Here's What You Need To Know About Florida PIP Insurance Read Count : 41
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You Must Maintain PIP CoverageAs a driver in the state of Florida, you're required to maintain a PIP policy, which stands for personal injury protection. The policy you maintain must have provide at least $10,000 in coverage, though many insurance companies will let you buy more protection. This policy is intended to cover you, other drivers, and any passengers or pedestrians involved in the accident.
What Happens When an Accident Occurs?Before you call a Boca Raton car accident attorney, you should be aware that the Florida PIP statutes won't allow you to file a claim against the other driver even if he is at fault. Florida is also a no-fault state, which means your own PIP insurance policy is required to cover you for your damages. This means you must first file a claim with your own insurance provider.
When PIP is Not EnoughIn most cases, the $10,000 PIP coverage you maintain should be sufficient. Unfortunately, it may only cover 80% of your medical care costs and 60% of wages you lost as a result of the accident. The laws in Florida do allow for you to hire a car accident attorney and sue for additional damages, but only under certain circumstances. The law outlines the types of injuries you must suffer in order to sue for damages. In general, you must have suffered a broken bone, an injury that affected the use of a body part or bodily function, or you must have suffered a permanent and significant disability. Regardless of the nature of your injuries, you should always consult a car accident attorney after an accident. The initial consultation will be free of charge and will help you determine the best course of action for you to take. Your attorney can help guide you through the claims process and negotiate for a fair settlement from your PIP insurance provider. If you do need to sue for damages, your lawyer will already be familiar with your case, so you can save time in filing your suit.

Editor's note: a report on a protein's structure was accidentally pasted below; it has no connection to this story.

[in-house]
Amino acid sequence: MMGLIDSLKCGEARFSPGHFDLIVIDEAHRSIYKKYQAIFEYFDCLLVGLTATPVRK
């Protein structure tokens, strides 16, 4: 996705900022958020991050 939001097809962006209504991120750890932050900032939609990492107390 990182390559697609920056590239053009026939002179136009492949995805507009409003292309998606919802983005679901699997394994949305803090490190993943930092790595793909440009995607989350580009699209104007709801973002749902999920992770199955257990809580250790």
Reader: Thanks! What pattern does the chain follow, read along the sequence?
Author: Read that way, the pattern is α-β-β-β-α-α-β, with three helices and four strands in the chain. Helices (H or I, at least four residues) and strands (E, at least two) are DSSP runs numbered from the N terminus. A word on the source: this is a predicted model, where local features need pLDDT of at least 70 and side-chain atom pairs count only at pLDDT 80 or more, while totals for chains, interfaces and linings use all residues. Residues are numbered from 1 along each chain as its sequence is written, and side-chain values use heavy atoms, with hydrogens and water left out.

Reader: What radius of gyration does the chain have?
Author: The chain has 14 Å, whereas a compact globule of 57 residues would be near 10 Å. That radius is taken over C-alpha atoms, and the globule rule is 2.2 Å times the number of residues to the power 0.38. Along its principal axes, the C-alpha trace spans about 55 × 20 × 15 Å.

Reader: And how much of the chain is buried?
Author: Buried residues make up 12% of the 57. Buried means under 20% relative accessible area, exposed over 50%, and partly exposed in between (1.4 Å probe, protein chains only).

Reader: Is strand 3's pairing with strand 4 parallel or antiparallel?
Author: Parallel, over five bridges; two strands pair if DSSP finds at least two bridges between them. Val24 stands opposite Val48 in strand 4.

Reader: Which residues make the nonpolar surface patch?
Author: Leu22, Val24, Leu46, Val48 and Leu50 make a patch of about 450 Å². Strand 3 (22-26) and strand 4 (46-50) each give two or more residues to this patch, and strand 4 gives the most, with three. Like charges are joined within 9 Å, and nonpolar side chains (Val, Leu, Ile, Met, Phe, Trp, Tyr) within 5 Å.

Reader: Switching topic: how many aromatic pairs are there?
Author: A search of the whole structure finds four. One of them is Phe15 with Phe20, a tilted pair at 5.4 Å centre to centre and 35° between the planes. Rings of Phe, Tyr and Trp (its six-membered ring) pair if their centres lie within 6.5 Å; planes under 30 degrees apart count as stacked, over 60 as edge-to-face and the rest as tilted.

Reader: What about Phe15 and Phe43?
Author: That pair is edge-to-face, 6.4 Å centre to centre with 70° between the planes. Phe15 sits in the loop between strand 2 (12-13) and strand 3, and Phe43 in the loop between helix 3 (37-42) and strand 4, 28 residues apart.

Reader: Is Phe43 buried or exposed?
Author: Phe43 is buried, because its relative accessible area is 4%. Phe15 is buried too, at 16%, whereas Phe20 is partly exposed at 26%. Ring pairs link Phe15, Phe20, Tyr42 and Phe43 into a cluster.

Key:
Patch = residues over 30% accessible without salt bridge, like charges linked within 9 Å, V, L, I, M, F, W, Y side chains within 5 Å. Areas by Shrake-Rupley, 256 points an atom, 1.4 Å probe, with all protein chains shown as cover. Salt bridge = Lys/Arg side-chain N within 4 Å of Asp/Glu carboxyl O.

Resources and References1.https://en.wikipedia.org/wiki/Florida 2.https://www.allstate.com/tr/car-insurance/no-fault-insurance-cover.aspx
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